Entrepreneurship has to do with detecting, recognising and discovering opportunities in the environment for which someone creates a solution, or with creating a need they can afterwards fulfills. What new needs/opportunities would you think the crisis has created that Greek startups could build on? How successful are young Greek people in detecting and exploiting these opportunities?

Greece needs to focus its entrepreneurial energies in solutions that can be scaled to global levels. This requires both entrepreneurs and Venture Capitalists to adopt a global mindset and to up their game. The company Beat provides a good example. It started at about the same time as Uber aiming to solve a global problem. However, its limited funding curtailed its growth prospects. It was bought out for 40m Euro while Uber is planning for this year an IPO in the $100B range. This is not to downplay the great achievement of Beat but to illustrate the extent of the challenge Greek startups will have to manage in order to become global players.

Mylonadis2Universities undoubtedly play a great role in promoting entrepreneurial ideas. However, Greek Universities are often not very well networked with institutions and big companies abroad to promote students’ innovative ideas, especially in technology. Suppose a Greek startup has a new innovative algorithm similar to Google’s. How is the startup supposed to gain recognition? How can this be tackled?

The short answer is, apply to join RG Challenge – Reload Greece’s accelerator programme. However, your point about Greek Universities is spot-on. Entrepreneurial companies live and thrive within vibrant ecosystems. Large businesses and Universities are key to these ecosystems. The areas around Cambridge University in the UK, Stanford in the USA, or the city of Basel with its pharmaceutical companies are good examples. Greek Universities are hampered by their antiquated governance. This makes them to be inward-looking and to lose sight of the international competition. In the area of technology, recent examples are Imperial College’s White City campus and MIT’s newly established $1B College of Computing. Would Greek Universities even consider these institutions as competitors? Probably not but, then, the competition between a Greek startup and one located in London or Cambridge, MA looks truly unequal!

What would you say is the prevailing profile/features of a young Greek start upper/entrepreneur in Greece and abroad? Are there differences?

A startupper in Greece who has been “trained” in the difficult regulatory and, recently, social and economic environment of Greece has the benefit of being agile and resilient. On the other hand, they are likely to be less exposed to global needs and markets and lack skills for partnering or selling to large corporates. Fortunately, the Greek diaspora is very well rooted in major markets and could provide a good way of addressing these deficiencies.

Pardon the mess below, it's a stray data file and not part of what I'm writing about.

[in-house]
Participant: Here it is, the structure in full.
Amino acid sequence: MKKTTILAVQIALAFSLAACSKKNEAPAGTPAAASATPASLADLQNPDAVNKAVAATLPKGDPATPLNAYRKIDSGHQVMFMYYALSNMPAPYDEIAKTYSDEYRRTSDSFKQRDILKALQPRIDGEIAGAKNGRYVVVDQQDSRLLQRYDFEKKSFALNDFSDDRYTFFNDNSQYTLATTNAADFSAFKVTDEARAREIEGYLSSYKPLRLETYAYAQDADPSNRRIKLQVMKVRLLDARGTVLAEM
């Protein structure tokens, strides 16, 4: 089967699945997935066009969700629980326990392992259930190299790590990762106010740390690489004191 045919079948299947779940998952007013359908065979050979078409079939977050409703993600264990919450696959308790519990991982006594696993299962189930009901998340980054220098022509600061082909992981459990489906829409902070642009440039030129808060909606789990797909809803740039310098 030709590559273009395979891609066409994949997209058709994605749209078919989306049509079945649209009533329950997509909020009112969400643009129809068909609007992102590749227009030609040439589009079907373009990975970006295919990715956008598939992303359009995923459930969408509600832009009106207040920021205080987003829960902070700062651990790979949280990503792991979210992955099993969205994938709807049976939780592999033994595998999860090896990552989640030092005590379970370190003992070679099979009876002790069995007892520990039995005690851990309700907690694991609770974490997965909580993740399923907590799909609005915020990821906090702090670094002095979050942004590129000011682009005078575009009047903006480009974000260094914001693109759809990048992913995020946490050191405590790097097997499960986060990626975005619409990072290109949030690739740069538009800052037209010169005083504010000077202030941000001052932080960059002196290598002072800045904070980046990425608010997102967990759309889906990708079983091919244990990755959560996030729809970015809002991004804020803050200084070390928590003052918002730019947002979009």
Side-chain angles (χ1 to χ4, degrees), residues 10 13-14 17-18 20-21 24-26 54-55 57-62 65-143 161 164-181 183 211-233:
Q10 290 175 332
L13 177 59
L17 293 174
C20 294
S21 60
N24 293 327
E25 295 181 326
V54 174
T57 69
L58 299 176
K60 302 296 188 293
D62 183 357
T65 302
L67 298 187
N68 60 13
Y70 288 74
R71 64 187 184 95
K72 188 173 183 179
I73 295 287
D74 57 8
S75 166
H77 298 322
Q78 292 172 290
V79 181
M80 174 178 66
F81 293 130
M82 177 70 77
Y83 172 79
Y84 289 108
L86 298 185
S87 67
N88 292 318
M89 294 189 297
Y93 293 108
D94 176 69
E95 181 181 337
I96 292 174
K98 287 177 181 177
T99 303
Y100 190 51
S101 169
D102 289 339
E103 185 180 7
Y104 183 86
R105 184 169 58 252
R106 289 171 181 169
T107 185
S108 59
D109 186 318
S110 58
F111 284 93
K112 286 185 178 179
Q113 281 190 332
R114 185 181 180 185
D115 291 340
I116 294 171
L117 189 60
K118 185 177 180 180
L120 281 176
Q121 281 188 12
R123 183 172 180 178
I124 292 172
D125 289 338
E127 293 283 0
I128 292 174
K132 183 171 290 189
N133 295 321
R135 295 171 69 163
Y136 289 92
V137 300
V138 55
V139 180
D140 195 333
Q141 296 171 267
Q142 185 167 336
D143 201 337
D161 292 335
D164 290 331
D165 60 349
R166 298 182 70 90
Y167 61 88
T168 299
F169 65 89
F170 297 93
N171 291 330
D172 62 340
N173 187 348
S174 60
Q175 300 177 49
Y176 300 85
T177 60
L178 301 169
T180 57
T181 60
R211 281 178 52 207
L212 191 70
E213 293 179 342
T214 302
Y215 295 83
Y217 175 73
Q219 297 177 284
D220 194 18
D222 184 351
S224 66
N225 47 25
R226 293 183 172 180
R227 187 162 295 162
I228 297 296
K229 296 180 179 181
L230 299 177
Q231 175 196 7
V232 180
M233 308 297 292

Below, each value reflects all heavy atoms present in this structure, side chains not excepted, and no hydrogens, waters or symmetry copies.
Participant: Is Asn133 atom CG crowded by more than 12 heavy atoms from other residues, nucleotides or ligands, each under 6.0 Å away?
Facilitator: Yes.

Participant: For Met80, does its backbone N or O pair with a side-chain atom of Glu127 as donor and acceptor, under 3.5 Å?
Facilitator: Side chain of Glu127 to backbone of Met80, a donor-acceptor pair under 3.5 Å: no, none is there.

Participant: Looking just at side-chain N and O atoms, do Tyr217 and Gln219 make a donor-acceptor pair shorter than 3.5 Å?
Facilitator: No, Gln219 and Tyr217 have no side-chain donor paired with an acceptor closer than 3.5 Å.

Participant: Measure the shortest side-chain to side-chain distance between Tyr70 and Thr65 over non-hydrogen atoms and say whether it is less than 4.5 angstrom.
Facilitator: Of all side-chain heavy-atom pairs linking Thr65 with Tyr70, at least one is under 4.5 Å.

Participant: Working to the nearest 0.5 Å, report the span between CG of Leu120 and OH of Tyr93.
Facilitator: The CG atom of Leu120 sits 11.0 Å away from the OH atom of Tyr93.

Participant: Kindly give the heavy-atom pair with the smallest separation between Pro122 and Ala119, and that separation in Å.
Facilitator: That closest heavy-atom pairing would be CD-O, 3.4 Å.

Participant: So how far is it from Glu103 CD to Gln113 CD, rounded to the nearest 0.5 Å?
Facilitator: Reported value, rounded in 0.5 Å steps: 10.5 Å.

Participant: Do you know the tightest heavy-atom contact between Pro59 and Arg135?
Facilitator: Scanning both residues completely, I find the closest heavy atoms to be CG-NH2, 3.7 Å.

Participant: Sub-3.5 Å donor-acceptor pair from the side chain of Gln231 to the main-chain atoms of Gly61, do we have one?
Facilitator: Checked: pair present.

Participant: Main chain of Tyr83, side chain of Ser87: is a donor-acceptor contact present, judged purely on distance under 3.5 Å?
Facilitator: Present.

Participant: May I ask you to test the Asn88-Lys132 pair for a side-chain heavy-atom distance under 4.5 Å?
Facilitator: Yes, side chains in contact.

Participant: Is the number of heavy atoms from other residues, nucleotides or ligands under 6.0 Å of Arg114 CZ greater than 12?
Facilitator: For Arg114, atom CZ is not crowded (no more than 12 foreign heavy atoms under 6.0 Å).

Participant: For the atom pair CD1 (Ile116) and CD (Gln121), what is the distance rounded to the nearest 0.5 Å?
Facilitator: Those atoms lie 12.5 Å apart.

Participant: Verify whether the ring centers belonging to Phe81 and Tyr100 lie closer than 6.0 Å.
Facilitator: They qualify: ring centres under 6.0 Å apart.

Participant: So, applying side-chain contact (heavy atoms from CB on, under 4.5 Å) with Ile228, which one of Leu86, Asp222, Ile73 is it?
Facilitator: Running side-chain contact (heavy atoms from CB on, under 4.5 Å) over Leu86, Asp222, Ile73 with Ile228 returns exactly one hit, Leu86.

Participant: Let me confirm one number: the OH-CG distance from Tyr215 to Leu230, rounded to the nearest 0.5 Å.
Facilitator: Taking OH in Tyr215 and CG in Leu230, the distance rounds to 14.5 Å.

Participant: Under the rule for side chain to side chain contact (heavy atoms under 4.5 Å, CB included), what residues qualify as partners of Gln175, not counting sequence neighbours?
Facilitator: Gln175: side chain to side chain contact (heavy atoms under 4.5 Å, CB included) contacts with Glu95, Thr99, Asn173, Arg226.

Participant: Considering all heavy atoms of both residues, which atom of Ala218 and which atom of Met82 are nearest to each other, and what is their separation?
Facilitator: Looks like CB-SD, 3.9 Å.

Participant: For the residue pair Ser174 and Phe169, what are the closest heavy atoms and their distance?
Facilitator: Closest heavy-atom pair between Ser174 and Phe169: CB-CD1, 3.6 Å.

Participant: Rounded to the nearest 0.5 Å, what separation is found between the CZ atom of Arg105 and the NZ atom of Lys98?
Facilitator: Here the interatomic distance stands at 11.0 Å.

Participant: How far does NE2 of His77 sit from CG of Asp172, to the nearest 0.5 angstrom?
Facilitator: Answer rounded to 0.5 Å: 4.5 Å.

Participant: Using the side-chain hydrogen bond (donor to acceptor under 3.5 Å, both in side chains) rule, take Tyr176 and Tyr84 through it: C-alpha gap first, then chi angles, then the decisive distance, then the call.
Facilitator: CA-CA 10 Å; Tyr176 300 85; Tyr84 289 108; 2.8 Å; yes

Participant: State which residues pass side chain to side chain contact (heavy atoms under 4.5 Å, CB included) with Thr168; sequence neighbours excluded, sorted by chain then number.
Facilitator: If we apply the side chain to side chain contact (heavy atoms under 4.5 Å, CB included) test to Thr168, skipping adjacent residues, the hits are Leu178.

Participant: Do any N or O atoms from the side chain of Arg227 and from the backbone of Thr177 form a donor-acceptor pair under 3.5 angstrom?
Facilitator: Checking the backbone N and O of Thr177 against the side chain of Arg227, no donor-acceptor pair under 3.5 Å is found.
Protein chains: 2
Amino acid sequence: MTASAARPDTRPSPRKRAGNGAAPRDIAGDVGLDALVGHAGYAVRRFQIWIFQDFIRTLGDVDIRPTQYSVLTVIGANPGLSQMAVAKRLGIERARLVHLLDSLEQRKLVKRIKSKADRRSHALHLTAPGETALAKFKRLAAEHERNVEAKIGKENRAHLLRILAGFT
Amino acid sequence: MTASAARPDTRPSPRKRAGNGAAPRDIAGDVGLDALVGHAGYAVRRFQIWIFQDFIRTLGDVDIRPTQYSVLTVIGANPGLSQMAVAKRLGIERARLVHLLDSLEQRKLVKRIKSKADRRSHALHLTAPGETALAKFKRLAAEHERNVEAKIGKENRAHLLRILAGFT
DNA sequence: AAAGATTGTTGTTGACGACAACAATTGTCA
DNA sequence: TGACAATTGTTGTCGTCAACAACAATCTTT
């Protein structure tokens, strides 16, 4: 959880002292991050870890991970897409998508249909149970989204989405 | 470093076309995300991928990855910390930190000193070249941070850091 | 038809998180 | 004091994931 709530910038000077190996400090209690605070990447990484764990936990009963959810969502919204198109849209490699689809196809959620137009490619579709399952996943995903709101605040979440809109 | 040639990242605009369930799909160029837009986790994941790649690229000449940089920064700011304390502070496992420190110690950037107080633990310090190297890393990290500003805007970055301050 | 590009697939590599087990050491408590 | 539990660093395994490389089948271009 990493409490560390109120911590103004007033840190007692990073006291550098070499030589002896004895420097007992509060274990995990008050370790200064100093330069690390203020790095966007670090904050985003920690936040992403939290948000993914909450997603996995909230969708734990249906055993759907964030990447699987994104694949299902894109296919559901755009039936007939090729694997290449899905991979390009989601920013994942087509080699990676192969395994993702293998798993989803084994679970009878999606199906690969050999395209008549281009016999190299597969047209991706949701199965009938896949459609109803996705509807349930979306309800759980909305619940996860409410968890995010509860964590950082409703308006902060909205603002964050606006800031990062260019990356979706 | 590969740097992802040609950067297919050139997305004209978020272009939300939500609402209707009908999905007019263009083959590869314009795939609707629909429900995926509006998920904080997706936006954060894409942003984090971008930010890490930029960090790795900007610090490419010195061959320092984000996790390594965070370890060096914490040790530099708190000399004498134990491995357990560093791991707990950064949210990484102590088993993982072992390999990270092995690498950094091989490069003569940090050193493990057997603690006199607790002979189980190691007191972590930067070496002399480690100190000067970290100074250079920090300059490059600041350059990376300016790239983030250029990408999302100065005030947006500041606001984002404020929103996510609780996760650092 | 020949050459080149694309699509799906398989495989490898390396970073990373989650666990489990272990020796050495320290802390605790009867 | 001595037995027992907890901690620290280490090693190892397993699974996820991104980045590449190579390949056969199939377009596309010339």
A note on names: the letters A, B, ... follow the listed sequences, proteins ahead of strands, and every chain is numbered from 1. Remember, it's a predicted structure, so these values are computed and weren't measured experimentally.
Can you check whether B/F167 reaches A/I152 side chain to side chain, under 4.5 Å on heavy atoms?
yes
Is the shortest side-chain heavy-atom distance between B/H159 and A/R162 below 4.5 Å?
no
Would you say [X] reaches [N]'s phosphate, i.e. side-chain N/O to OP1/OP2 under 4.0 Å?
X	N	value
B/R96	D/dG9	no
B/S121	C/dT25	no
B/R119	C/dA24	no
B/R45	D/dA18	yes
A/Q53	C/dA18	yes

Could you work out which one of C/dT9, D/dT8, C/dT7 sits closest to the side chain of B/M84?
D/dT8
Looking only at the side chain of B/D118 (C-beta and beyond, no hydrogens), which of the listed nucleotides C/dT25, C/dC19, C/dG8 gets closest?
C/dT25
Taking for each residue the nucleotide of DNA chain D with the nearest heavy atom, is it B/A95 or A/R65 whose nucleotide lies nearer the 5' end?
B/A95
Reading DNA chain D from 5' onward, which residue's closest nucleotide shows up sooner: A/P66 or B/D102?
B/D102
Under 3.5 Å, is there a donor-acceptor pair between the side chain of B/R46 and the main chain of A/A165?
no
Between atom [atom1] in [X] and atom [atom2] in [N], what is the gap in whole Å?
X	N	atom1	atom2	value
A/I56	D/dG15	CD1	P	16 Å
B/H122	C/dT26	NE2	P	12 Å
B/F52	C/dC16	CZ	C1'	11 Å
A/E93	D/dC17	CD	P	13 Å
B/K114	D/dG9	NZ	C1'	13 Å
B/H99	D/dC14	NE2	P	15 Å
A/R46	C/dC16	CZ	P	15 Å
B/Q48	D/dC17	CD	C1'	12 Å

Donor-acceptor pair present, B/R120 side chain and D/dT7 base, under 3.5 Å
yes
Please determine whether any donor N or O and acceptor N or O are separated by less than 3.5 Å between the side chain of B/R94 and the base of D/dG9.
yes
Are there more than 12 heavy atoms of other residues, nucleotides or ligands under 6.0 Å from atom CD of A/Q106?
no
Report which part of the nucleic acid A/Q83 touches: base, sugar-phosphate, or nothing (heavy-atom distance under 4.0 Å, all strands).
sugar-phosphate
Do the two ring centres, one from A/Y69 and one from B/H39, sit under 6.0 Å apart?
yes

Greece has been experiencing for the last years a severe Brain Drain. How would you think this could be reversed?

It will be reversed when Greece realises that it is competing in an international arena for talent. It would then seek to compare its performance to that of its competitors and set targets for improvement. For example, in 9 years since the start of the crisis, Greece has yet to establish a target for improving its standing on widely used indices for competitiveness, ease of doing business, corruption, social justice, etc. These targets need to have wide acceptance by Greek society, including a wide spectrum of political parties.

Do you think that Greek society can ever overcome the instinctive fear of open markets to become a business-oriented society or will public sector employment remain the preferred professional option for Greek families and young Greeks?

It is certainly feasible. Israel has many characteristics similar to Greece and – as hard as it is to believe this today – until relatively recently “entrepreneurship” was considered a dirty word in what is now an entrepreneurial hothouse. However, bad habits are hard to die. It will take an amazing success story or two together with a determined effort from the Greek institutions to set establish new role models for today’s youth. We need our Richard Branson and our Steve Jobs. The recent influx of the Equifund capital, if used to establish globally competitive Greek startups, could provide a boost in that direction.

On the whole, do you believe that the crisis has assisted in spurring youth entrepreneurship? Would you think that Greece is currently ideal for innovation to grow? Taking into consideration the existing conditions, what steps and in what order should a young aspiring entrepreneur who wants to start something of his/her own take?

A young aspiring entrepreneur should hook up with a community of like-minded people, such as Reload Greece or the multitude of high quality similar organisations in Greece. In such a fertile environment, they can recruit people to work on their idea or join forces with others who they find inspiring. At best, they will have the time of their life. At worst, they will extract lessons that they can use in their next endeavor. So, go on and try it!

You can access all the videos from the speeches and discussions of RG Connect18 here

Read also via Greek News Agenda: Reload Greece: Enterprising Diasporas – from Brain Drain to Brain Gain; SEESOX Diaspora: New research project and website on Greek Diaspora; Vicky Pryce: “Greece has achieved a remarkable turnaround”; 2nd Athens Innovation Festival; Equifund: a fund-of-funds to support innnovation and SMEs; Funding Greek post-doc researchers: the best antidote to ‘brain drain’